Remember your child’s emotional needs may be at a different age-level to their intellectual ability. Recognise your child’s chronological age and comfort them according to their needs. A 6-year-old with the maths skills of a 10-year-old will still likely require the emotional support appropriate for a 6-year-old.
Some of the issues described throughout this article may be addressed by providing appropriate educational and counselling interventions. For example, The Best of Friends program has been carefully designed to meet the social and emotional needs of gifted students. You can find our more about the program by visiting http://bof.quirkykid.com.au or https://childpsychologist.com.au/workshops/
For more information about how to support the social and emotional needs of your child, contact us with any questions.
Adams-Byers, J., Squiller Whitsell, S., & Moon, S. (2004). Gifted students’ perceptions of the academic and social/emotional effects of homogeneous and heterogeneous grouping. Gifted Child Quarterly, 48(1), 7–20
Gross, M. U. M., (2001) From “play partner” to “sure shelter”: What do gifted children seek from friendship? GERRIC News, 4-5
Gross, M. U. (2015). Characteristics of Able Gifted Highly Gifted Exceptionally Gifted and Profoundly Gifted Learners. In Applied Practice for Educators of Gifted and Able Learners (pp. 3-23). SensePublishers.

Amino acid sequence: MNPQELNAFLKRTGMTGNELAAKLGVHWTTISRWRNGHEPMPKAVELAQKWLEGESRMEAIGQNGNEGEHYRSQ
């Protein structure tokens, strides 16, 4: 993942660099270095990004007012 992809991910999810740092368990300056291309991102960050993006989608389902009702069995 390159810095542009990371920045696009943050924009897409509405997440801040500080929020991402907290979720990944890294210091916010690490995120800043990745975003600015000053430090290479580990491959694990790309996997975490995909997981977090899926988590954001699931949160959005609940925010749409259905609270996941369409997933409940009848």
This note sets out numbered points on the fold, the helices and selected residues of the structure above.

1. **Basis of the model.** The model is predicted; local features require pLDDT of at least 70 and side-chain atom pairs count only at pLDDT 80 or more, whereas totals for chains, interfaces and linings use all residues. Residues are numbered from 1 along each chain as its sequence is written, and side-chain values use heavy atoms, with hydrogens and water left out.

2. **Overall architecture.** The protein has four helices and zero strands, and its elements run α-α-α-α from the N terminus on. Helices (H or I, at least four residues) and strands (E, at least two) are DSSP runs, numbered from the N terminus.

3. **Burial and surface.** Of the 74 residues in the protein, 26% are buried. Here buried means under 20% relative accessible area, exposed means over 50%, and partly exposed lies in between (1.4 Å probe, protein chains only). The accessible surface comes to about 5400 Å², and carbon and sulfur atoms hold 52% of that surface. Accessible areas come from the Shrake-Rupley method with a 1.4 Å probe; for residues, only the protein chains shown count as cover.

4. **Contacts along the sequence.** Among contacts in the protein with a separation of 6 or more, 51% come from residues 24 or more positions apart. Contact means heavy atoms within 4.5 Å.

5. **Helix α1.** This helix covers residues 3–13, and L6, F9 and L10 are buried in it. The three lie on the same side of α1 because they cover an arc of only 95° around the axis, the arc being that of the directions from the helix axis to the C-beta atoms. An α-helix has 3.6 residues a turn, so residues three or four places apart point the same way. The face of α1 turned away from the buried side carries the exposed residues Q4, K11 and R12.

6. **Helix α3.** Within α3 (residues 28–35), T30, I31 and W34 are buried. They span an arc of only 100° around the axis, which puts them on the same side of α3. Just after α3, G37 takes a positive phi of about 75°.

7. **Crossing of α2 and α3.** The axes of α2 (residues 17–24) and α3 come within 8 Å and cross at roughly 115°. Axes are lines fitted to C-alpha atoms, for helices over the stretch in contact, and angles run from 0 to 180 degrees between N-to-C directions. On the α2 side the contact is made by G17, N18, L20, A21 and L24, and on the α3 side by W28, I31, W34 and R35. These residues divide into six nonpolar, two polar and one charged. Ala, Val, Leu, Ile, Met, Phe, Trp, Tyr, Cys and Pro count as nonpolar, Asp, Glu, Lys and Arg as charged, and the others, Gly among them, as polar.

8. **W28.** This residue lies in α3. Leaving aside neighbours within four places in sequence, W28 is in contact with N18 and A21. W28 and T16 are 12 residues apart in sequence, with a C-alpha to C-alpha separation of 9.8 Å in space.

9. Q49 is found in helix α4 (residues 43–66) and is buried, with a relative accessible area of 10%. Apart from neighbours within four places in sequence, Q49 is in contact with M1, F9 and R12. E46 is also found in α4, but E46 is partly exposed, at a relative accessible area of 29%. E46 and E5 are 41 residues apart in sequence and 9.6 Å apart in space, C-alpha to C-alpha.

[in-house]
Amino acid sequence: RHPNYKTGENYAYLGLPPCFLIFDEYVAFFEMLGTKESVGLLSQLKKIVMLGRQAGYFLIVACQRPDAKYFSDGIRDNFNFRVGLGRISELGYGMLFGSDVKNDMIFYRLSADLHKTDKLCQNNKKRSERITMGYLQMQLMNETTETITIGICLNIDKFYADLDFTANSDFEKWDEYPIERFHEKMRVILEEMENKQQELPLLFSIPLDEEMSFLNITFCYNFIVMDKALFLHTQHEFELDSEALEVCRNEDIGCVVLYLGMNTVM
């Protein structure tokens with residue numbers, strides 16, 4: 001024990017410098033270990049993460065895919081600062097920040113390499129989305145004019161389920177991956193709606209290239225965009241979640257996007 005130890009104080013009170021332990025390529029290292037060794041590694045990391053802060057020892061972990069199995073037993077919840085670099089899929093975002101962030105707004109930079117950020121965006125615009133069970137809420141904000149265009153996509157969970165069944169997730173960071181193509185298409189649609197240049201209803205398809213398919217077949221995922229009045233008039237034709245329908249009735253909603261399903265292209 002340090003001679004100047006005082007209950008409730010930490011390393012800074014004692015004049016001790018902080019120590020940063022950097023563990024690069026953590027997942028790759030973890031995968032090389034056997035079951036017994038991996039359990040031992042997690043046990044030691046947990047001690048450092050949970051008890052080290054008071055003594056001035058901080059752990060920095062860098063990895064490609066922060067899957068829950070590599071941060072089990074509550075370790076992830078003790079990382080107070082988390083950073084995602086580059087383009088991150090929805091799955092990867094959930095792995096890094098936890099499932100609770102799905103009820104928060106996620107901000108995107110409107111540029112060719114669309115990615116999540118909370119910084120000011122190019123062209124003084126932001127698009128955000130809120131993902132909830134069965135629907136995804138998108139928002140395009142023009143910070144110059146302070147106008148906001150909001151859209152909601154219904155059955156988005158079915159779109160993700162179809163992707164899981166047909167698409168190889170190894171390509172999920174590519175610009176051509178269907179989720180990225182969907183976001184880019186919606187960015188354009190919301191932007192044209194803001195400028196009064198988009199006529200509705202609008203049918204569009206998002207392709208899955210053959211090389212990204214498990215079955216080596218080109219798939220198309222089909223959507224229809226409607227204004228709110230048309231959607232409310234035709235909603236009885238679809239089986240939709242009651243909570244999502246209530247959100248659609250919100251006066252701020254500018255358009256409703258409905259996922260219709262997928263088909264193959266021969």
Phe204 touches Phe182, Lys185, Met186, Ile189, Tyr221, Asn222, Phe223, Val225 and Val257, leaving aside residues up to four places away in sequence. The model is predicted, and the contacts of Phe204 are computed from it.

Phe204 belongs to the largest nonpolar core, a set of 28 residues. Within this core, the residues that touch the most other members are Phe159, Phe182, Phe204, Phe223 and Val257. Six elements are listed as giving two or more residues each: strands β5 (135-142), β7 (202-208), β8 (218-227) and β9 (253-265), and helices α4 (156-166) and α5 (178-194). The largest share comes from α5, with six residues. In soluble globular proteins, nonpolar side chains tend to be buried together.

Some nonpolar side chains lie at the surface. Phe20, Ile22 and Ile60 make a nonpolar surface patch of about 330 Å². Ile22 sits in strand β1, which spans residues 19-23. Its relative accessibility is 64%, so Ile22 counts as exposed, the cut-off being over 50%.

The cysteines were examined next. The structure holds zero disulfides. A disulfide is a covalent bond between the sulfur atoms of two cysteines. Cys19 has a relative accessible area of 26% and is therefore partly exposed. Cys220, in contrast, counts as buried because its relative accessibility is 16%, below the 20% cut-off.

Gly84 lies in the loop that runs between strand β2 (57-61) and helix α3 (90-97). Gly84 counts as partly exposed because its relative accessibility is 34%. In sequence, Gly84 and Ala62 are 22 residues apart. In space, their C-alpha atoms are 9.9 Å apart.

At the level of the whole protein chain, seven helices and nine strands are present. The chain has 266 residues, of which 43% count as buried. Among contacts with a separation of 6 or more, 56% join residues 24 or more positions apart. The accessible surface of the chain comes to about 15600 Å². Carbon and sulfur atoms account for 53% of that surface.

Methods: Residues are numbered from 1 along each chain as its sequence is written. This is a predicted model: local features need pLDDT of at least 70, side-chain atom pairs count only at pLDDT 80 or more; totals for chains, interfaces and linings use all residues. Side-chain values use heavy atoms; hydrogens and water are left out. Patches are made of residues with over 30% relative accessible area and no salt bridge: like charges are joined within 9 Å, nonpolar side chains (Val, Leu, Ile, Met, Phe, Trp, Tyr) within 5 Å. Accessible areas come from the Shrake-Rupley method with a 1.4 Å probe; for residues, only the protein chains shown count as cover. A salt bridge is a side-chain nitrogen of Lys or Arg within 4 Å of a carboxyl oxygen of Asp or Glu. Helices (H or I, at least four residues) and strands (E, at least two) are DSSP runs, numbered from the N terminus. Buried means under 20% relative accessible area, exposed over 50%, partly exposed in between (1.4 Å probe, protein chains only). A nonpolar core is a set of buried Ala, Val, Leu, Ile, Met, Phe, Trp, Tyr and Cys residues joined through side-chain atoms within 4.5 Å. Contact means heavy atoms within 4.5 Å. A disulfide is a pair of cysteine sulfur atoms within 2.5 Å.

Neihart, M. (2007). The Socioaffective Impact of Acceleration and Ability Grouping Recommendations for Best Practice. Gifted Child Quarterly, 51(4), 330-341.
Robinson, N. M. (2008). The social world of gifted children and youth. In Handbook of giftedness in children (pp. 33-51). Springer US.
Bullying in schools has become a nationwide concern, with many anti-bullying practices being implemented in every state. Social and emotional learning (SEL) can provide an effective foundation for reducing bullying in schools. Practicing SEL skills will create a school environment that fosters positive interactions. Here are four characteristics of SEL, that aim to curb bullying in schools:
1. Open, supportive relationships between students and teachers.
Opencommunication between students and teachers presents an opportunity for students to learn positive conflict resolution techniques. These techniques allow students to resolve problems before they escalate into fully fledged bullying.
2. Solid communication between schools and families.
Families need to be involved with their child’s school. When a parent is actively engaged in what happens to their child at school on a daily basis, they can help teach positive behaviour and reinforce messages from the teachers. Working as a team with the child’s school, ensures that the same positive messages are being taught on a variety of levels and in a variety of environments.
3. Emphasis on respect and tolerance.
SEL requires school policies that highlight respect for peers, acceptance and appreciation of everyone’s differences. A school community in which students understand and embrace differences is a place where positive behaviour will thrive.